Andrew Considine has waited eight long years for the opportunity of another crack at some of European football’s more glamorous clubs and is not about to let NK Maribor get in the way of that ambition now.
The versatile defender is the sole survivor from the Aberdeen squad Jimmy Calderwood assembled and steered to the last 32 of what was still known as the UEFA Cup back in 2008.
That run brought memorable group games against the likes of Panathanaikos, Lokomotiv Moscow and Atletico Madrid before they eventually lost in the knockout stage to Bayern Munich, despite a spirited 2-2 draw in the first leg at Pittodrie.
Those are exactly the sort of occasions Considine is determined to relive with the squad current manager Derek McInnes has put together, one the player credits with being every bit as good as those he enjoyed success with in the past.
Now the immediate aim is to see off the challenge of NK Maribor in Slovenia this midweek after an impressive first-leg performance that certainly merited more than the 1-1 draw they had to settle for after a pulsating 90 minutes.
Of course, eight years ago Aberdeen only needed to get through one qualifying round to make the group stage, in stark contrast to the marathon campaign required to progress that far nowadays.
However, Considine is confident they have the ability to get through this tie and past whoever they subsequently face so he can then look forward to rolling back the years.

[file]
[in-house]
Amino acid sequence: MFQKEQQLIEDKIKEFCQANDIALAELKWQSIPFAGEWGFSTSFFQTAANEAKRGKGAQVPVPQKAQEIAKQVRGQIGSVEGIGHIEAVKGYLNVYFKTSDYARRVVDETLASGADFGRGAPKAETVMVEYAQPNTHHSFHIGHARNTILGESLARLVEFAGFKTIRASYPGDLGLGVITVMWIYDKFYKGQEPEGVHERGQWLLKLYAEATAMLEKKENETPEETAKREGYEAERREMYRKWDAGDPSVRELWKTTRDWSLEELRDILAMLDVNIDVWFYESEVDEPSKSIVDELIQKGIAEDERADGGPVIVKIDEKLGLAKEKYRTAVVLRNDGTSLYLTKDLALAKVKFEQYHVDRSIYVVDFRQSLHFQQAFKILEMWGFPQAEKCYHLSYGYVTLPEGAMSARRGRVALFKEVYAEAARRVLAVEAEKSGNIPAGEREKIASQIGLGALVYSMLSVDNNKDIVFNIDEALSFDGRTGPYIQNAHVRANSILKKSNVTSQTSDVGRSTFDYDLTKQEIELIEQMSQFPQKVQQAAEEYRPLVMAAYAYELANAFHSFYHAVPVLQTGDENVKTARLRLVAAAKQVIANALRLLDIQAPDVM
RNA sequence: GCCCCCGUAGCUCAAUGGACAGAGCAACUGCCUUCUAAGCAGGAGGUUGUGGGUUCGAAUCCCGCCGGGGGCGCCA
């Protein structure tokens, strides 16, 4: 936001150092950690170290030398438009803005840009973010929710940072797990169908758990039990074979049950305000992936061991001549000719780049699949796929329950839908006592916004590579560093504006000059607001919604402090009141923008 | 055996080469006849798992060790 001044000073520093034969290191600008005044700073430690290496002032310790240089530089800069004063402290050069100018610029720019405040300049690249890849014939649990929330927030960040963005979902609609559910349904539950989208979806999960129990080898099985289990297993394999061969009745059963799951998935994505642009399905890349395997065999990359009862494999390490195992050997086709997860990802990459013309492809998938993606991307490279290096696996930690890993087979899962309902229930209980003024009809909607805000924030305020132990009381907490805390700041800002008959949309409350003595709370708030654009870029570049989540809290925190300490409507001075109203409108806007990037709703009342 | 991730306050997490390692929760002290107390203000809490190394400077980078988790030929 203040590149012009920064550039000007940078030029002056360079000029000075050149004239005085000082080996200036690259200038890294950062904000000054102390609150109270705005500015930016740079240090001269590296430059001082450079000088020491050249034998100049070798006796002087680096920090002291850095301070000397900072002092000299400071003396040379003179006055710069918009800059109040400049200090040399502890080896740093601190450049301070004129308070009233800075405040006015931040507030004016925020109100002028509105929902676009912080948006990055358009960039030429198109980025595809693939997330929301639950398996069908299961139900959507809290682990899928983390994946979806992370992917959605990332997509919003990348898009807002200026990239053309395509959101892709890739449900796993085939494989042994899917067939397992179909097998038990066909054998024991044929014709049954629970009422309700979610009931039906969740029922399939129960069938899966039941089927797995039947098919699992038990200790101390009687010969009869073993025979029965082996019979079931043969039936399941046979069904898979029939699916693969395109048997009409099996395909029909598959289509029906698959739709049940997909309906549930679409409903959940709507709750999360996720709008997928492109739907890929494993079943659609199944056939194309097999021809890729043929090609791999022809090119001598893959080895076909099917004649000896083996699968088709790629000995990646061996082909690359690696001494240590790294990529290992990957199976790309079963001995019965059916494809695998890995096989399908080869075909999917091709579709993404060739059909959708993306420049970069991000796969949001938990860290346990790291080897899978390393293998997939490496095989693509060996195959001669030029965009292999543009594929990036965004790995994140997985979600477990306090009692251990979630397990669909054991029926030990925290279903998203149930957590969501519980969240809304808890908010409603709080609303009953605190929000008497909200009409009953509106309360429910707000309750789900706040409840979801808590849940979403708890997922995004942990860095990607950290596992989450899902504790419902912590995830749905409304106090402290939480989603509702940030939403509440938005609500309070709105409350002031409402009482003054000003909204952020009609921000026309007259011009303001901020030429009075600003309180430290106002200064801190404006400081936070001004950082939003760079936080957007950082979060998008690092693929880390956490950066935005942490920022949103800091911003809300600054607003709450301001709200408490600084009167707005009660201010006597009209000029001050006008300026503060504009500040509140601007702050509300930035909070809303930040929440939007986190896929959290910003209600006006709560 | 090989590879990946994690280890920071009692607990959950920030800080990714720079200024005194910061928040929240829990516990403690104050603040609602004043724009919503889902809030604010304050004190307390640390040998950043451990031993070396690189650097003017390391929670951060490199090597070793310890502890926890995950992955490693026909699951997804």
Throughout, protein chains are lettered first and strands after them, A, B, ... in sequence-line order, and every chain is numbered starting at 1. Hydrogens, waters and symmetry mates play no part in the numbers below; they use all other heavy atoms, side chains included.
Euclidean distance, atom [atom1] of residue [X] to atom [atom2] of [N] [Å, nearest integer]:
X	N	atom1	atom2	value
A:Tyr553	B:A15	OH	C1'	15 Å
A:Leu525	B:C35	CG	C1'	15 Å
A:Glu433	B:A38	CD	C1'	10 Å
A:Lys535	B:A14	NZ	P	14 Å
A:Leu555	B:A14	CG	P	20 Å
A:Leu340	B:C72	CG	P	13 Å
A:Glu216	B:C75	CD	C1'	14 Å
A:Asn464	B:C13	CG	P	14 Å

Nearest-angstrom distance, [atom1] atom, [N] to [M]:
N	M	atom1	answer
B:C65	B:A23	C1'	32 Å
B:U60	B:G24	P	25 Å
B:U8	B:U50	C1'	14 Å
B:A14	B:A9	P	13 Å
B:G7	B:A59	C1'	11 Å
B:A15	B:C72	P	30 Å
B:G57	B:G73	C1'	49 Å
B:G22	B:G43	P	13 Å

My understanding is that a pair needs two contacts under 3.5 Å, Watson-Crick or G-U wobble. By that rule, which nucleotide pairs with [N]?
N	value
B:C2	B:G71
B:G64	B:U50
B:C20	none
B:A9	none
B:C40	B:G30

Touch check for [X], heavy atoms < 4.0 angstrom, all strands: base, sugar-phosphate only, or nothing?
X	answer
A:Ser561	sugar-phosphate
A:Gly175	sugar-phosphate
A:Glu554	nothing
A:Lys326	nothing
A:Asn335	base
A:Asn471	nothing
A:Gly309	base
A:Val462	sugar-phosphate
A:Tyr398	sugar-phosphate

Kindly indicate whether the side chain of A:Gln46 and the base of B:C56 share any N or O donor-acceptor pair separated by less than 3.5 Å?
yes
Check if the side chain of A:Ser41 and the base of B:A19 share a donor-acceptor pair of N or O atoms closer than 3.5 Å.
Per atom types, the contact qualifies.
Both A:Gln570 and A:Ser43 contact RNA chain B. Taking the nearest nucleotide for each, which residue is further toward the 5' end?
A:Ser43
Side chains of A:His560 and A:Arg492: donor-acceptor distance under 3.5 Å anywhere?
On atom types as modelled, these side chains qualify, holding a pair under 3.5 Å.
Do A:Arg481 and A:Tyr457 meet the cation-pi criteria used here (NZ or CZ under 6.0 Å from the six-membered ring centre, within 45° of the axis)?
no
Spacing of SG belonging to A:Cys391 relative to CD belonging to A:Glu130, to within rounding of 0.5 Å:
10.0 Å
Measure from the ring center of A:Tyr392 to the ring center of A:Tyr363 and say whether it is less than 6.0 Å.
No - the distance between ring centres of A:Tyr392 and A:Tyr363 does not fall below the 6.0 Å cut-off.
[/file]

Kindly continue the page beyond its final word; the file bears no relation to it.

“I was lucky enough to get a taste of the group stages nine years ago when we packed out Pittodrie for some really big occasions,” said the 29-year-old, who made his Dons debut under Steve Paterson in 2004.
“There were some cracking games against some cracking teams so it would be fantastic to bring that back here again.
“The atmosphere against Maribor reminded me a lot of those big nights and hopefully we can finish the job to make sure there are more to come. I certainly think the squad we have at the club now is every bit as good as the one that eventually went through to play Bayern Munich back then.
“You just have to see the quality of the players on the bench to realise that, as the likes of Kenny McLean didn’t start and he’s a Scotland international now.
“You need that competition for places if you are going to progress at this level and the manager has definitely got that now.
“The bonus back then was that there was only one qualifying round to get through, while it takes a lot of football to make that stage now. It is a tough ask to get through what is eight ties in all to get to the group stages now but we have the boys here who can do that.”
Aberdeen may have needed a late Jonny Hayes goal to salvage that first-leg draw but they created more than enough chances to suggest they can score the number needed to progress in the return.
There is also room for optimism when you consider two of the Dons’ best performances over the past three years in the competition have come on the road, in Holland and Croatia.
They defeated Groningen 2-1 after a goalless first leg at Pittodrie and, a year ago, Considine himself scored the opener in a stunning 3-0 win away to Rijeka and knows they are capable of a repeat against Maribor. “The way we handled ourselves winning those away games against Rijeka and Groningen in the past means we have a huge chance to progress in this tie,” he said.
“It will certainly need the same sort of performance we gave winning in Croatia last season because it will be a hostile environment so we need to focus, especially at the back.
“Maribor are a cracking team but, with the wide men we have got, we can cause them serious problems and we have lethal finishers who can exploit that.
“If we can keep up the sort of performance we gave in the first leg when we go over there then we can go over to Slovenia with confidence.”